Hospitals across Illinois are facing challenging times trying to maintain normal operations while seeing an increase in COVID patients.
“I think we’re balancing right now,” said Wayne Laramie, vice president and chief nursing officer for OSF Saint Anthony Medical Center. “I wouldn’t say we’re thriving but we’re definitely surviving.”
Laramie said his hospital is shifting resources to address the recent surge in Rockford.
“We move people around, our staff [is] moving from the outpatient to the inpatient side,” he said. “We have lots of people working overtime for additional time and different hours, so that adjustment up and down and the uncertainty of tomorrow weighs heavy on us.”
Northern Illinois is one of four regions hit hardest, with fewer than 10 ICU beds left for patients. ICU bed availability is near capacity in Regions 1, 3, 5, and 7, data shows.
“Our hospitals are really stretched to the maximum,” said Winnebago County Health Department Public Health Administrator Dr. Susan Martell. “They’re all committed to providing high quality care to everyone who needs the care, but they are stretched to the maximum.”
Advocate Health Care, the largest health system in Illinois, said that it's currently treating 935 COVID patients in Illinois and Wisconsin, nearly three times more than eight weeks ago.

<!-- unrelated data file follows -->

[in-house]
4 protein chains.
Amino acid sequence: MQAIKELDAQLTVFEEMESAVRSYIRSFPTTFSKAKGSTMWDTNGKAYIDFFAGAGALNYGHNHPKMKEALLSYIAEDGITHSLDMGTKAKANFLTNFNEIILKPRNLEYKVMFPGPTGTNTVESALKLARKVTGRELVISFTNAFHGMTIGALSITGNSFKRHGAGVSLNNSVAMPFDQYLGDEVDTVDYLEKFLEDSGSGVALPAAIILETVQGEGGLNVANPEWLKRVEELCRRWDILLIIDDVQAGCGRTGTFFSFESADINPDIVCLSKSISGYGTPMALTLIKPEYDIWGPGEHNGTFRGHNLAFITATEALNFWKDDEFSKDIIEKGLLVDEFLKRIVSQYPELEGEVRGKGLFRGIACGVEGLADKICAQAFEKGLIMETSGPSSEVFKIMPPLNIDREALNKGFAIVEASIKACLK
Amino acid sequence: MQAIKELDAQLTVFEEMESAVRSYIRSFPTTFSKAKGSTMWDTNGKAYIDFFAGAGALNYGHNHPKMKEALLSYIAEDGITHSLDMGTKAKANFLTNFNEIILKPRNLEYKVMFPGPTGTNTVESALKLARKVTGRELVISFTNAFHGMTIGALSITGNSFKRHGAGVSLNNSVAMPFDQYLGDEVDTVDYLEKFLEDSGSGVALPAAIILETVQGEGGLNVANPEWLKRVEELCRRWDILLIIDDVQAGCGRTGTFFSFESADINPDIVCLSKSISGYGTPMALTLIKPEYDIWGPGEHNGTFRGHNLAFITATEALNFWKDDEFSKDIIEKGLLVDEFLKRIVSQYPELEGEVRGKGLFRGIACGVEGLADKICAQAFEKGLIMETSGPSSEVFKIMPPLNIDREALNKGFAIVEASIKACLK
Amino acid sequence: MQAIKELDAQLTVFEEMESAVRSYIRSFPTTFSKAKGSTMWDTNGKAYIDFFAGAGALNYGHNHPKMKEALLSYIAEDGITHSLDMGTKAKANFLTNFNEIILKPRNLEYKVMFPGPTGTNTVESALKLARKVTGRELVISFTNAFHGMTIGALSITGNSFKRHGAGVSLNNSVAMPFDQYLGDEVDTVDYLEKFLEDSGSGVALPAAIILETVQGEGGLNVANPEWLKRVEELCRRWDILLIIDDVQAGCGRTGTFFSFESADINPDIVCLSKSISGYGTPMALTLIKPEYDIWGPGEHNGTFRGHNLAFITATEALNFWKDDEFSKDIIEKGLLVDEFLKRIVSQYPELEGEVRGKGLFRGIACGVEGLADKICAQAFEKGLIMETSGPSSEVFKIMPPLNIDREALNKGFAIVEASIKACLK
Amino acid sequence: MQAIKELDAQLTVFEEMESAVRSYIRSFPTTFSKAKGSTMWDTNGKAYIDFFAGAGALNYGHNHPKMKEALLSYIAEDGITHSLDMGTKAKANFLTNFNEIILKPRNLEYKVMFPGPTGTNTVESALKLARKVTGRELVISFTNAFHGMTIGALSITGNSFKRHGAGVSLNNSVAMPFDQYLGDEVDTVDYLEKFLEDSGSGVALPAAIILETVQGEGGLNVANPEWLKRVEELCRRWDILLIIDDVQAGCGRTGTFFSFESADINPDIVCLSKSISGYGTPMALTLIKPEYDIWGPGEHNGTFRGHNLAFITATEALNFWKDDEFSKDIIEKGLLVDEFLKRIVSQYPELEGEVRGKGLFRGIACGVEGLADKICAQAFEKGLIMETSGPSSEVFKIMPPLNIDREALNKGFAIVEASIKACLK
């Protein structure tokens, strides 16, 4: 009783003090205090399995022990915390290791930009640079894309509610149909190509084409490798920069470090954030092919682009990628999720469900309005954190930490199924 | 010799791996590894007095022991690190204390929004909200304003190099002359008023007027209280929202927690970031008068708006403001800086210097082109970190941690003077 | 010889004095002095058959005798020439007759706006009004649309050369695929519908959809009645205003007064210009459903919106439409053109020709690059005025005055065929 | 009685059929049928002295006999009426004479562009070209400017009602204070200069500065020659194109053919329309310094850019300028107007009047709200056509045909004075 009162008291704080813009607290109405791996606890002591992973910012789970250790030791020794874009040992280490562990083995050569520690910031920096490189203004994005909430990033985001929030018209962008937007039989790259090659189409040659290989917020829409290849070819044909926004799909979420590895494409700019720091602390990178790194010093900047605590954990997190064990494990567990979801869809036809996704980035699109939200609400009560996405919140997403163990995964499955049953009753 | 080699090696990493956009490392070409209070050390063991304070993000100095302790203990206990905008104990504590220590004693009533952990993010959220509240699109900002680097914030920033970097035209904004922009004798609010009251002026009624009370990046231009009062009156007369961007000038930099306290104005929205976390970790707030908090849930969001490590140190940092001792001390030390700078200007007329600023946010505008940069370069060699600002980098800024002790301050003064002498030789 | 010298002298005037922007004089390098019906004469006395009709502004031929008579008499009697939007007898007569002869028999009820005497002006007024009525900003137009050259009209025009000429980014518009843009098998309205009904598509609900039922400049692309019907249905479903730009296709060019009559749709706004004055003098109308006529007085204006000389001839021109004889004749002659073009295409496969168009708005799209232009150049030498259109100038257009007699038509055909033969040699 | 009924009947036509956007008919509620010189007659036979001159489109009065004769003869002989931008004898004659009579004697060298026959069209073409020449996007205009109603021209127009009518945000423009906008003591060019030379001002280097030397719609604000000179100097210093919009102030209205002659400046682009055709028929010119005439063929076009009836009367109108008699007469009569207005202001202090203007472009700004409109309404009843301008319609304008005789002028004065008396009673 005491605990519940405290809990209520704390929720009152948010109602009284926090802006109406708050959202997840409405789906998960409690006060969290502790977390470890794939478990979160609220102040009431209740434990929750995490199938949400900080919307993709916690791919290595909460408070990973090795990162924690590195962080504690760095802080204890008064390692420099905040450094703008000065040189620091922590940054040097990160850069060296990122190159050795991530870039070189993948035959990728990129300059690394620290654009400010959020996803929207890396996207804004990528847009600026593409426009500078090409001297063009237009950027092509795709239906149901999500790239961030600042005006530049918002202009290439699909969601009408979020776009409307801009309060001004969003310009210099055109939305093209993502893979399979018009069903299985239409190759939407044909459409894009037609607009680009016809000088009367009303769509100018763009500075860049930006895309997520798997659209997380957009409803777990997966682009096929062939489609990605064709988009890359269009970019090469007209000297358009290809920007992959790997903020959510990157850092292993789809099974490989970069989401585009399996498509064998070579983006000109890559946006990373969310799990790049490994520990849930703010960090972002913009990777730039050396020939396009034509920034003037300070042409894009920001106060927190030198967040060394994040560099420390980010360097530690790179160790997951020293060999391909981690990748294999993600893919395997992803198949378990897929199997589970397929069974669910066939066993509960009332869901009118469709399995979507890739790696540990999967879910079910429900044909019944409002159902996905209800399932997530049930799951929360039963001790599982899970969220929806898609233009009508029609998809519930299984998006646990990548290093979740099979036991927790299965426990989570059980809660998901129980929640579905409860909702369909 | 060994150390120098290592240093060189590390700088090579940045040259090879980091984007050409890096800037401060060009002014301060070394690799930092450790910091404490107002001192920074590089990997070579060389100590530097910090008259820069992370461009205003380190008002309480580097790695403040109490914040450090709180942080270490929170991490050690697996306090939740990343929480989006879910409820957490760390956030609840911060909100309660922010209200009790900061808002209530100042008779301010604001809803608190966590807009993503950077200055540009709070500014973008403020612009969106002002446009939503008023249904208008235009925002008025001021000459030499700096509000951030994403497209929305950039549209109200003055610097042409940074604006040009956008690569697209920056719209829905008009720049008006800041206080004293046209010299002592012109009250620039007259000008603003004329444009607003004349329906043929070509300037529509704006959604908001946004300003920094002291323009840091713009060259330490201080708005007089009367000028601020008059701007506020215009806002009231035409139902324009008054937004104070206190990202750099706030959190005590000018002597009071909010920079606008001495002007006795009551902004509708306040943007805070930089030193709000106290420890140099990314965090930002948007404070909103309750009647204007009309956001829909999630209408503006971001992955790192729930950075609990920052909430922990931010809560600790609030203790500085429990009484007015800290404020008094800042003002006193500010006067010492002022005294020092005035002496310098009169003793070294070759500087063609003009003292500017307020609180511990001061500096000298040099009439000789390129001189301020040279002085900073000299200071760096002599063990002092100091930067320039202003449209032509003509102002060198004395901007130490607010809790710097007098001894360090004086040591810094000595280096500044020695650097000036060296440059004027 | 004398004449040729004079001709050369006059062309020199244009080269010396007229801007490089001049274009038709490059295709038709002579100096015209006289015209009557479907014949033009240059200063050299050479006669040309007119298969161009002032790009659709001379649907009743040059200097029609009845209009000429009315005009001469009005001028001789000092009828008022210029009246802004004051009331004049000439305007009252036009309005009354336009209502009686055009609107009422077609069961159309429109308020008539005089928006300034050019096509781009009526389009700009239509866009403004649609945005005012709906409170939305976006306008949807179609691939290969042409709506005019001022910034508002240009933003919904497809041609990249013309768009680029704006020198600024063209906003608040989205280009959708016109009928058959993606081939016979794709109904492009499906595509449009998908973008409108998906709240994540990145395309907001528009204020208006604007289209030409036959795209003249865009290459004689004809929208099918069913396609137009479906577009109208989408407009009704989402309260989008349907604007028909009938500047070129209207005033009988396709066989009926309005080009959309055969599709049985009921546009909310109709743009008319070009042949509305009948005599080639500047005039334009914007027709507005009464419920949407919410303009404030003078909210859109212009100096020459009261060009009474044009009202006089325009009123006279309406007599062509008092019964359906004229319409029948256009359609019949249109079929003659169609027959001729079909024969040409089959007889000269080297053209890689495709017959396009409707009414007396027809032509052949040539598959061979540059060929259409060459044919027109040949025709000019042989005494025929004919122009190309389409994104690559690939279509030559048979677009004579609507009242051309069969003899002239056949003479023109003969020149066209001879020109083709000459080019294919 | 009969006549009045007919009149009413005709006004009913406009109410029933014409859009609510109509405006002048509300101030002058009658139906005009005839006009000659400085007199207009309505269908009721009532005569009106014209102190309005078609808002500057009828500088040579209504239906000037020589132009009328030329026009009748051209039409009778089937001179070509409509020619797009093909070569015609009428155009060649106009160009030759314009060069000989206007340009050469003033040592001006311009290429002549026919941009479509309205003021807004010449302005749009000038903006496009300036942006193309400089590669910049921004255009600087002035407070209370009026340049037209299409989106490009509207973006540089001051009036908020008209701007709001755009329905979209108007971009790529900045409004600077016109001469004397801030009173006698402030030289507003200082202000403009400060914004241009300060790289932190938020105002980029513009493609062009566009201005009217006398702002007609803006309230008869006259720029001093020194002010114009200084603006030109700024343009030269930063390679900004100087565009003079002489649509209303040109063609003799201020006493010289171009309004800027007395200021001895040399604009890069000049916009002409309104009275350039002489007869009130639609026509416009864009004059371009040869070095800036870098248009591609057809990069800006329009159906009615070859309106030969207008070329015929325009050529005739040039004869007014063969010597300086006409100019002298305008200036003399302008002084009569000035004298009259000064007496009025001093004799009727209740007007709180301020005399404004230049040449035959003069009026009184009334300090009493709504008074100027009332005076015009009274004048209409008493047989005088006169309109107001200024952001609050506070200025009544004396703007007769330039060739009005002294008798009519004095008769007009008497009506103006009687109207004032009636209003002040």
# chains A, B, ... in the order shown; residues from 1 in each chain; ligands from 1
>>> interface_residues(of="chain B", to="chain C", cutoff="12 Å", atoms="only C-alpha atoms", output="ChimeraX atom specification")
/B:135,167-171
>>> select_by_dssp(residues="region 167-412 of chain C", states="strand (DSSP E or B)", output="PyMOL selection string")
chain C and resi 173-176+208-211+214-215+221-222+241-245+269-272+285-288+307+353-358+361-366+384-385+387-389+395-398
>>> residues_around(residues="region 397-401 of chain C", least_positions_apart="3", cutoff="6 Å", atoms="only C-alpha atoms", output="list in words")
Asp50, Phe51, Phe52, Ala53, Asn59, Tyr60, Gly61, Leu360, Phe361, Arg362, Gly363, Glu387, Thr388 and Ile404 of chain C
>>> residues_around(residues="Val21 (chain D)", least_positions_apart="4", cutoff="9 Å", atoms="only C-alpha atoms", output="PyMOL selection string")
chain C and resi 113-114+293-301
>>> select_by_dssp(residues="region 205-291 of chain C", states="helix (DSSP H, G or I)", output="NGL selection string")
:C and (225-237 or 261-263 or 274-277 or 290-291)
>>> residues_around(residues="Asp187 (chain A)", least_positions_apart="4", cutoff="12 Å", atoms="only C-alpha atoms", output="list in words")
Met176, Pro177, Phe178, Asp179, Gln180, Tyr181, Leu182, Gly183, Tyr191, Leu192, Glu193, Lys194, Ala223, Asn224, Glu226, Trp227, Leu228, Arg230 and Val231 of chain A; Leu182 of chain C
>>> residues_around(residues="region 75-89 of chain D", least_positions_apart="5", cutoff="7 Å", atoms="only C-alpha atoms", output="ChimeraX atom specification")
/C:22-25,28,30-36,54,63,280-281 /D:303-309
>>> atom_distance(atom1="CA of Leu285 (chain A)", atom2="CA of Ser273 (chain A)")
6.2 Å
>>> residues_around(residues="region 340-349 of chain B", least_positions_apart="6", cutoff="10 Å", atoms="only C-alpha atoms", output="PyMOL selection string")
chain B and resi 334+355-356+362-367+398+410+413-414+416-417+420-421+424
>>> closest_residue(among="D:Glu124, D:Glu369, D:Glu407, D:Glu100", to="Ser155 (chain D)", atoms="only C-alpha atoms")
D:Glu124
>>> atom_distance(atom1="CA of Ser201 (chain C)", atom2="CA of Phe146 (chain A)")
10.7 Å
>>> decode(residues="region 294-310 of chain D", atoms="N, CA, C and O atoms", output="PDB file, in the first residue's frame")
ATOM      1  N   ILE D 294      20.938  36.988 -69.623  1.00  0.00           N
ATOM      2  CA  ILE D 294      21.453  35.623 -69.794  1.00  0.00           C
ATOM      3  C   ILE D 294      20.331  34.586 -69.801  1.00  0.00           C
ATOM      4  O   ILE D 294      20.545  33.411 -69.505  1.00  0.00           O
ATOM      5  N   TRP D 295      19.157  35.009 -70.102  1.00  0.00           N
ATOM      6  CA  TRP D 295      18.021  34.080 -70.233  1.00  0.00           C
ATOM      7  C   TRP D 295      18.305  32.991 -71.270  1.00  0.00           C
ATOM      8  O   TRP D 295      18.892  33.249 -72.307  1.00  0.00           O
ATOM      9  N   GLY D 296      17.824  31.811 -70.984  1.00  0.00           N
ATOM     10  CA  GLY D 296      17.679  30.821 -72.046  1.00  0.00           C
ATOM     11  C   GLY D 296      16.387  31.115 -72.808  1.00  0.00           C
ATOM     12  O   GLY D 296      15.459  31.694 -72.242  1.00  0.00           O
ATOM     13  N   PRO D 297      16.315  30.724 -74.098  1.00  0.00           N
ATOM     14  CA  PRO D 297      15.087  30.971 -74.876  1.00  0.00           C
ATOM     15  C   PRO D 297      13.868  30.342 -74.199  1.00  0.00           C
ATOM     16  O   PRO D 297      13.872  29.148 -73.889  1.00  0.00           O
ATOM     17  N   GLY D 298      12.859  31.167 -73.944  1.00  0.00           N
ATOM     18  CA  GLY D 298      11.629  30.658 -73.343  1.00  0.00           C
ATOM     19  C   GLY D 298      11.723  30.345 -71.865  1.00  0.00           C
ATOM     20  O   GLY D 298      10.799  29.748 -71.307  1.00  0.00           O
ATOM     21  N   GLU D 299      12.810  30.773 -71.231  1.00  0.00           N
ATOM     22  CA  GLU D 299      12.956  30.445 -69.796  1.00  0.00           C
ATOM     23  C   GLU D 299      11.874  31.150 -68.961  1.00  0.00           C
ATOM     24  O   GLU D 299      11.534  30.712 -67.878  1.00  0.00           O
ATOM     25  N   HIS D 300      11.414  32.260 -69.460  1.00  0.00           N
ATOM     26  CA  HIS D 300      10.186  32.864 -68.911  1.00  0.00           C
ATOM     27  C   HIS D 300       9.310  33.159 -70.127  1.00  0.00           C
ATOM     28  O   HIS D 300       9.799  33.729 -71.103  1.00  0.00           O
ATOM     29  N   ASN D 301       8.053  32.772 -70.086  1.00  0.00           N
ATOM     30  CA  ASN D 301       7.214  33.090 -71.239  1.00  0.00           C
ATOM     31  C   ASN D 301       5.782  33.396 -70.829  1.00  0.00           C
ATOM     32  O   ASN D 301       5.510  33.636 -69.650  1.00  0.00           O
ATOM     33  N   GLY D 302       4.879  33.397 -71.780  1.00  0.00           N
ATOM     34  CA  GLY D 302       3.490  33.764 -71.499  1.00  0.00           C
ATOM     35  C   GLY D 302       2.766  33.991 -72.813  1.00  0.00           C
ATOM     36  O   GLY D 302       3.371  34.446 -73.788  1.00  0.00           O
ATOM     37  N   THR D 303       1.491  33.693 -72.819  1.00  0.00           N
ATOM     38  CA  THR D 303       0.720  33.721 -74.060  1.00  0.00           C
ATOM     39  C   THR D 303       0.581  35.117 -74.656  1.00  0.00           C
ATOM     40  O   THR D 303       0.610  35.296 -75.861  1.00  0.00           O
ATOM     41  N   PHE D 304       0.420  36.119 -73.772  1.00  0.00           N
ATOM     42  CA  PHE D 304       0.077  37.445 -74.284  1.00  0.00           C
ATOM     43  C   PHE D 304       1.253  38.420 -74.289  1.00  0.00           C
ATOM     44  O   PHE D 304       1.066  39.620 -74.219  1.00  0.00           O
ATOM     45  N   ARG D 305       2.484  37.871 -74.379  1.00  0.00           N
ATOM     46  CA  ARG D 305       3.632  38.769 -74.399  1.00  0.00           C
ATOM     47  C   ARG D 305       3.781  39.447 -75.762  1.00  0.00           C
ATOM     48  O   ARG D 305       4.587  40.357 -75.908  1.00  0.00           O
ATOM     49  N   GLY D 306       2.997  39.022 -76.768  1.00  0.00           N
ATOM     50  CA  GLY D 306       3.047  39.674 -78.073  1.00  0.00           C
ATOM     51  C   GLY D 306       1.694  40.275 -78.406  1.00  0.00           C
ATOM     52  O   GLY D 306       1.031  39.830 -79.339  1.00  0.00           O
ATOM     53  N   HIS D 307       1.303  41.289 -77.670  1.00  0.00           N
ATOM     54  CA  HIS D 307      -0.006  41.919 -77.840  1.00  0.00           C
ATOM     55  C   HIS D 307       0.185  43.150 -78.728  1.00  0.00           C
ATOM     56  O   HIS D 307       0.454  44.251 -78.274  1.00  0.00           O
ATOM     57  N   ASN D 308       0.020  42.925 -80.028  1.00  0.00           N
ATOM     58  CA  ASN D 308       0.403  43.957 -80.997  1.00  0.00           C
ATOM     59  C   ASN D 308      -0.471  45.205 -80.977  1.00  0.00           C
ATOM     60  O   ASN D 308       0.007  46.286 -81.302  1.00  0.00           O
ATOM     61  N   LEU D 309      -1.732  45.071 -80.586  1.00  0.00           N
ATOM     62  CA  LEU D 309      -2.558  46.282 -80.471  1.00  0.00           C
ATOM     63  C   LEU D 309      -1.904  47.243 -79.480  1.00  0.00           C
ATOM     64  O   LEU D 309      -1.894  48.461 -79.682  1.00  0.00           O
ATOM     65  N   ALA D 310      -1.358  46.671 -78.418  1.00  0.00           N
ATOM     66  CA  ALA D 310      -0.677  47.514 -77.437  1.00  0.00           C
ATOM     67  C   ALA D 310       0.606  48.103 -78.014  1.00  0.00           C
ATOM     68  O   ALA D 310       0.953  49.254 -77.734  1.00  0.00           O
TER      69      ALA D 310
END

A spokesperson for Advocate told NBC 5 in a statement that the situation is growing more challenging by the day—beds are tight, wait times are long and team members are strained.
“It’s a struggle on a lot of days and some days it’s just like keep your head down and keep going,” said Kristen Perez, a registered nurse in Chicago and member of the Illinois Nurses Association.
She said the pandemic continues to highlight a problem that has existed for years in her field—the need for more staffing.
“We deal with emergencies and difficult situations all day long, but there is a limit to what one person can handle, and we’ve been all asked to do far more than that,” Perez said.
As more resources are needed for hospitals in a crucial time, public health officials said getting vaccinated is still our best form of protection.
“We have to understand that health care is a resource for our community, and we as a community have to work to protect our resources,” said Martell.
Heartland Regional Medical Center in Marion is part of Region 5. Crista Minnick, the center's chief nursing officer, issued the following statement to NBC 5 about the situation at her hospital.
“At present, we are at capacity. We have eight patients hospitalized in our ICU, five of which are COVID-positive. Our patient volumes and acuity levels change by the hour. We are closely monitoring staffing and equipment levels as volumes change. We continue to have sufficient supplies and PPE available for all staff to care for patients, including COVID-19 patients. We have additional capacity in our Covid unit. Heartland is following CDC and Illinois Department of Health Guidelines and continue to monitor this situation as cases have spiked in our state.”